Inuktitut speakers are left out of federal elections, say Nunavut MP and language commissioner

Some elders can’t read candidate and party names on ballots.

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French and English translations can be seen on signage at a polling station set up in Cambridge Bay during the 2019 federal election. (Jane George / Nunatsiaq News)

Nunavut MP Mumilaaq Qaqqaq is looking to get Indigenous languages included on voters’ ballots in the next election — something the territory’s languages commissioner says Elections Canada should do if it is committed to reconciliation.

“If Elections Canada wants to show their respect for Nunavummiut’s right to vote, [they] would show their recognition of Nunavut’s official languages by having Inuit languages on the ballots,” said commissioner Karliin Aariak.

“There are unilingual Inuit language speakers, let’s recognize that,” she said, adding the majority of Nunavut’s population speak Inuit languages and write in syllabics.

Aariak noted Section 13 of the UN Declaration on the Rights of Indigenous Peoples, or UNDRIP, says countries need to make sure Indigenous peoples can understand political processes.

The federal government committed to implementing UNDRIP in 2020. On Tuesday, legislation to do that, Bill C-15, was adopted in the House of Commons and will next be seen by the Senate.

Nunavut’s Official Languages Act lists the territory’s Inuit languages as official languages, alongside English and French. It also says they should have equal footing and rights as the other two.

Elections Canada allows people who don’t speak English or French to bring a helper to interpret for them while voting and there are often Inuktitut-speaking staff at local polling stations, but Aariak said in small communities, it could be a discouragement for people to vote if they can’t keep who they’re voting for private.

Aariak said her office has received language rights-related complaints about Elections Canada in the past.

Natasha Gauthier, an Elections Canada spokesperson, said the agency is not aware of any complaints made to the commissioner about services to Inuit in the 2019 election.

The Inuit Languages Protection Act says organizations must display their signs, posters and ads in Inuit languages. Reception and client services must also be offered in Inuit languages.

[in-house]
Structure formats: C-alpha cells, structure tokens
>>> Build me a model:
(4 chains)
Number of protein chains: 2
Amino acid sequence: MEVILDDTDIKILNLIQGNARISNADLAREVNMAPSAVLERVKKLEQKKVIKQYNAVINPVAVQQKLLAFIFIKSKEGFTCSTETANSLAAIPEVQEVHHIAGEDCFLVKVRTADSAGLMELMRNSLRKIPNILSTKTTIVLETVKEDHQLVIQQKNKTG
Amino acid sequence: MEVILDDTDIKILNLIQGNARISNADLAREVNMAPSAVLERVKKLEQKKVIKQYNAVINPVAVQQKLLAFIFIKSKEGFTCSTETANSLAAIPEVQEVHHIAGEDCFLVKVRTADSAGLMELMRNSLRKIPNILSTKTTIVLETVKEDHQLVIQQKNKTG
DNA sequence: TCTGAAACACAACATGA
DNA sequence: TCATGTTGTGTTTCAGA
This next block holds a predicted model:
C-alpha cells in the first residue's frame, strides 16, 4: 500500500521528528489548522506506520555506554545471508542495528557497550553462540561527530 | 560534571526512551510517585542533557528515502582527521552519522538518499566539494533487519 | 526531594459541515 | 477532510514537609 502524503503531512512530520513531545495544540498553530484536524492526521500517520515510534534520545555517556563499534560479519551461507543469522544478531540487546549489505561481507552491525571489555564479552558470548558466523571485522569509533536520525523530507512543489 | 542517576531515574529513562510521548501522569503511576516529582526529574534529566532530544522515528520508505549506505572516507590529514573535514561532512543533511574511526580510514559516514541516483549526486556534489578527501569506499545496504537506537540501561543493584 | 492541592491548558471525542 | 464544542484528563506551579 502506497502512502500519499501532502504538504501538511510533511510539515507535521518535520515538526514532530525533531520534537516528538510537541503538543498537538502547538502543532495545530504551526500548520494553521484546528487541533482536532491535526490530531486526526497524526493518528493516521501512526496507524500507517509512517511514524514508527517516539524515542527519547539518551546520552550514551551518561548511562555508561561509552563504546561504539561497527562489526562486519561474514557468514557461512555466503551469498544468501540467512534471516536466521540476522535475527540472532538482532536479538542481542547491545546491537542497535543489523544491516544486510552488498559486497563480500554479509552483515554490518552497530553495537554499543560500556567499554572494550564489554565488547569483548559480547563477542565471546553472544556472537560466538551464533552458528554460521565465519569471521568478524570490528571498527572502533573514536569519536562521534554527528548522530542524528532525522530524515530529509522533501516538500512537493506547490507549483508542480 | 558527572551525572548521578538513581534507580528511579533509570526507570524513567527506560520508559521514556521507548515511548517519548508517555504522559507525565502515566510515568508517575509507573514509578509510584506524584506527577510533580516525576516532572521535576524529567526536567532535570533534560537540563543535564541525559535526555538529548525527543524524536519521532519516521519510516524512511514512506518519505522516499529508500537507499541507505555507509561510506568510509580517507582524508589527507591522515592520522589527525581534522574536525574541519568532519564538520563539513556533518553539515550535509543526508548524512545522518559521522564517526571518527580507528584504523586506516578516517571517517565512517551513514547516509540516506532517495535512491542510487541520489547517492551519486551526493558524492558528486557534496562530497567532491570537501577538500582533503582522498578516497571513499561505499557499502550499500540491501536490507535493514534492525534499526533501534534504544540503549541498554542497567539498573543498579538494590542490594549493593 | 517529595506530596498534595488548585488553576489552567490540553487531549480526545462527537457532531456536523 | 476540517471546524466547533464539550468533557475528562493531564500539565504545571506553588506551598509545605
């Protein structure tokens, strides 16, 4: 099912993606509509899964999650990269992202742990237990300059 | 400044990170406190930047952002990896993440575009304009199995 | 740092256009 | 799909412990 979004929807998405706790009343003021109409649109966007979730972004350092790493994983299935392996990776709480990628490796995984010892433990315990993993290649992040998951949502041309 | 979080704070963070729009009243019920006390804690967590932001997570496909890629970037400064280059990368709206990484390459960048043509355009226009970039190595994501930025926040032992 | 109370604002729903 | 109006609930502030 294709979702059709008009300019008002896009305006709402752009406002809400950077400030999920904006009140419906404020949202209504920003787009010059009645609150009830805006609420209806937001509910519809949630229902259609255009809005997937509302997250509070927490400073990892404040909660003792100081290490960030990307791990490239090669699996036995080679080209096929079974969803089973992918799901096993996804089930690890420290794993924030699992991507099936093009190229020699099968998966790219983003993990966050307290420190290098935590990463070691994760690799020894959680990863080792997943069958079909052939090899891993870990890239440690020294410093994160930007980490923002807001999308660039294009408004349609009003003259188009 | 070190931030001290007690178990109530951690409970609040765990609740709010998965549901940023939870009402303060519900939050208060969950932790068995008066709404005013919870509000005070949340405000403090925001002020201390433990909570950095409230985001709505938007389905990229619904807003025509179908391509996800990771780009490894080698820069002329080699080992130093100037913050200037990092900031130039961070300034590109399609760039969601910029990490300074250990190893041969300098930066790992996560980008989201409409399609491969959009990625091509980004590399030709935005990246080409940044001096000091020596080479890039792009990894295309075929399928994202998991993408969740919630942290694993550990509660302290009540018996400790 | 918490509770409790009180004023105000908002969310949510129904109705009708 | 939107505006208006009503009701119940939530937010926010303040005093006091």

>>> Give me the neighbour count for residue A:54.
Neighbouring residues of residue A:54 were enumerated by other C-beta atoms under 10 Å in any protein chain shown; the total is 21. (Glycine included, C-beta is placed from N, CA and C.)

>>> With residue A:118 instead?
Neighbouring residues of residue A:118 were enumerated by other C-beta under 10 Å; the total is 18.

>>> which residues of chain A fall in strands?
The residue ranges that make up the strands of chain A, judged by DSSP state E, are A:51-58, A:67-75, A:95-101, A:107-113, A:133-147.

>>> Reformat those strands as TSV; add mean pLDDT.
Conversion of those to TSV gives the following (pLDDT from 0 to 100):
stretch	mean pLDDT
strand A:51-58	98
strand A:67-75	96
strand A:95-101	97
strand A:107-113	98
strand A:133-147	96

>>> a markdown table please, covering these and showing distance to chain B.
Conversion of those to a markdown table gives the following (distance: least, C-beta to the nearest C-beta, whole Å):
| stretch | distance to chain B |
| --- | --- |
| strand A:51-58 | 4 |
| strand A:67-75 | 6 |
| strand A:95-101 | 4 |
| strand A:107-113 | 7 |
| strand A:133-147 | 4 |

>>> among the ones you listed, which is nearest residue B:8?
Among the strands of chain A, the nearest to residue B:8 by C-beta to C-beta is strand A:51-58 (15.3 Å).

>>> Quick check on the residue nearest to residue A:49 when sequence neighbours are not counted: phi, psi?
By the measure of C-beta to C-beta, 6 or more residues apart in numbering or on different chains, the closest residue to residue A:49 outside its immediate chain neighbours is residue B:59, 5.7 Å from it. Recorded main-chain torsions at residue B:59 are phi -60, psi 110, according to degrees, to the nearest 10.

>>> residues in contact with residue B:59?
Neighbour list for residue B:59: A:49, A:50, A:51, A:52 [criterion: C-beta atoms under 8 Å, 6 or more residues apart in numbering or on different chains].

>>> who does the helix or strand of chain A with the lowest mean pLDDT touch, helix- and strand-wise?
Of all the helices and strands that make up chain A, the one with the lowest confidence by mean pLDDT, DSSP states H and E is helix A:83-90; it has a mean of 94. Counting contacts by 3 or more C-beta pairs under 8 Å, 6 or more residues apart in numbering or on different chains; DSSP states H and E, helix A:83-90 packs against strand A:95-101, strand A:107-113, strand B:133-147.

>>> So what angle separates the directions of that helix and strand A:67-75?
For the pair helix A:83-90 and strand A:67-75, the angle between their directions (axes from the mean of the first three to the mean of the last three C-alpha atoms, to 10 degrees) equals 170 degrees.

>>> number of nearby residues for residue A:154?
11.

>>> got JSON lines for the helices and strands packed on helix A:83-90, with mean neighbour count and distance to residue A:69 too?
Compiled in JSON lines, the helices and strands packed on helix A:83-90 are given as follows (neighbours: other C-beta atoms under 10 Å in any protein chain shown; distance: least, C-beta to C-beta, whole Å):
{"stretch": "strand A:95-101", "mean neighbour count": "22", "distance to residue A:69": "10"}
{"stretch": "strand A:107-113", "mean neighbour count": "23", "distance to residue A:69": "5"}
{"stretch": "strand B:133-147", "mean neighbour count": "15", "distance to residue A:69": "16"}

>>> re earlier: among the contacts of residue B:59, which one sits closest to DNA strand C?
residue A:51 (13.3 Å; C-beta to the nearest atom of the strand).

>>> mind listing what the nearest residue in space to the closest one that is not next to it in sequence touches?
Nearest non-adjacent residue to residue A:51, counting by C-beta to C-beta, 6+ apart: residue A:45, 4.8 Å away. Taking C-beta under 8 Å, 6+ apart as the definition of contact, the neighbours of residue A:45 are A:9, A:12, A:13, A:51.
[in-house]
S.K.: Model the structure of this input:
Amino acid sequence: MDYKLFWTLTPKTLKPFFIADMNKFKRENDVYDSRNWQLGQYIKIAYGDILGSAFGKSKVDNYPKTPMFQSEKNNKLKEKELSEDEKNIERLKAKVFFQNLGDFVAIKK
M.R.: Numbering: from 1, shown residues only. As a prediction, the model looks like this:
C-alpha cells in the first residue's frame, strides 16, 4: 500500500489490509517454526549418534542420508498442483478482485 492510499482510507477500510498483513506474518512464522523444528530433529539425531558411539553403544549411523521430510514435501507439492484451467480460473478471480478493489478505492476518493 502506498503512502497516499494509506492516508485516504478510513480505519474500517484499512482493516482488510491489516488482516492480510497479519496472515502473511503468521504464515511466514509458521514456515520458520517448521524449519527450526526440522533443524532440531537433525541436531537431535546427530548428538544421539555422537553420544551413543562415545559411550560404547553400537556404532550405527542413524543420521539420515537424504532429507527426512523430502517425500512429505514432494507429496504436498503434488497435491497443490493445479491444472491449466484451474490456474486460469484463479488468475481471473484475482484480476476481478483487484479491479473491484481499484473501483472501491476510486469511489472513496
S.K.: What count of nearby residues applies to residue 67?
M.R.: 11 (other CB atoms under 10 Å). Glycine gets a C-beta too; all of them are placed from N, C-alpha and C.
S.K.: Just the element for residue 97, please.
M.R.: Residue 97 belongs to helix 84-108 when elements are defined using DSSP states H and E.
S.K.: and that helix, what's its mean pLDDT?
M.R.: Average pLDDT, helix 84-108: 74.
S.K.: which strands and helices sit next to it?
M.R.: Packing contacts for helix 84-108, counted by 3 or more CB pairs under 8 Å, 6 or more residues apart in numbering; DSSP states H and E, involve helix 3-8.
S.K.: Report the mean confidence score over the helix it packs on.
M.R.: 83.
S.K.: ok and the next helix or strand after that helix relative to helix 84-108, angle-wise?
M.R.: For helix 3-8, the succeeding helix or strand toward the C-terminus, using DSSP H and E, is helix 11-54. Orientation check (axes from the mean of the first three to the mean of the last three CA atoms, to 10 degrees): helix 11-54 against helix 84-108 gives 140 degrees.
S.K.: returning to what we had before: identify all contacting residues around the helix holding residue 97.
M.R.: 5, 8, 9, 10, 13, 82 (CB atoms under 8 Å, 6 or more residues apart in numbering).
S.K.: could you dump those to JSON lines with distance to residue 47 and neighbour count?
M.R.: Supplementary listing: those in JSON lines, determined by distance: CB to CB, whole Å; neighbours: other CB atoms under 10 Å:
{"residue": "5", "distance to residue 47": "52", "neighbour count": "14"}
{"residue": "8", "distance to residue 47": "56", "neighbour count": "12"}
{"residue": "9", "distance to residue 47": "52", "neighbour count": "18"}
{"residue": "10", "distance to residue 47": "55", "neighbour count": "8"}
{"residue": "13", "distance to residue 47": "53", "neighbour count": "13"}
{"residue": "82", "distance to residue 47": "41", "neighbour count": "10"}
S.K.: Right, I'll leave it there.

In the 2019 election, Elections Canada translated its voting guide, a list of acceptable forms of identification and voter information cards into Inuktitut, Gauthier said.

The agency’s information campaign included TV and radio broadcasts and print ads in Inuktitut.

The four different TV ads had an Inuktitut voiceover with English visuals. Writing in the ads like “it’s our vote,” “federal election” and the date of the federal election were in English.

Gauthier said a real-time translation service is available for employees at polling stations through CanTalk, to interpret between the employee and the voter, but voters cannot contact a CanTalk translator directly.

In terms of ballots, as a federal agency, Elections Canada needs to go by Canada’s Official Languages Act, which says all Canadians have the right to vote in English or French.

For Inuit languages to be included on federal ballots, there would need to be a change in legislation. This is what Mumilaaq Qaqqaq is pursuing — not just for Inuit languages but Indigenous languages across Canada.

On Tuesday, Qaqqaq met with the Grand Council of the Cree, the Association of First Nations and the Metis National Council to get feedback on the idea and those meetings will be ongoing, Mathieu Boisvert, Qaqqaq’s personal assistant, said in an email.

Qaqqaq said, “if we are going to be included in the democratic process we need to have as many people involved as we can.

“It just seems like common sense.”

She said about 60 percent of those in her riding speak Inuktitut and she hopes including the language on ballots will help increase voter turnout in the territory.

In the 2019 election, voter turnout in Nunavut was 48 percent, according to Elections Canada. This was the lowest compared to all other provinces and territories in Canada.

On average 67 percent of those eligible to vote across the country filled out ballots in 2019, according to Elections Canada.

Qaqqaq said comments about syllabics not being included on the ballots came up often in the last election.

She said some elders told her they weren’t sure they understood the names of the candidates on their ballots when they went to vote.

One of the reasons for this, she said, is they are seeing candidates’ names in Inuktitut on Igalaaq — CBC News’ Inuktitut daily news program — then, at the polls the names are written in English.

She is still ironing out the details, but Qaqqaq said the initiative could take the form of a pilot project in communities with high numbers of Indigenous language speakers. She is also considering tabling a private member’s bill in the House of Commons.

“The excuse is always time and money,” said Qaqqaq. “That shouldn’t ever be an excuse when it comes to reconciliation.”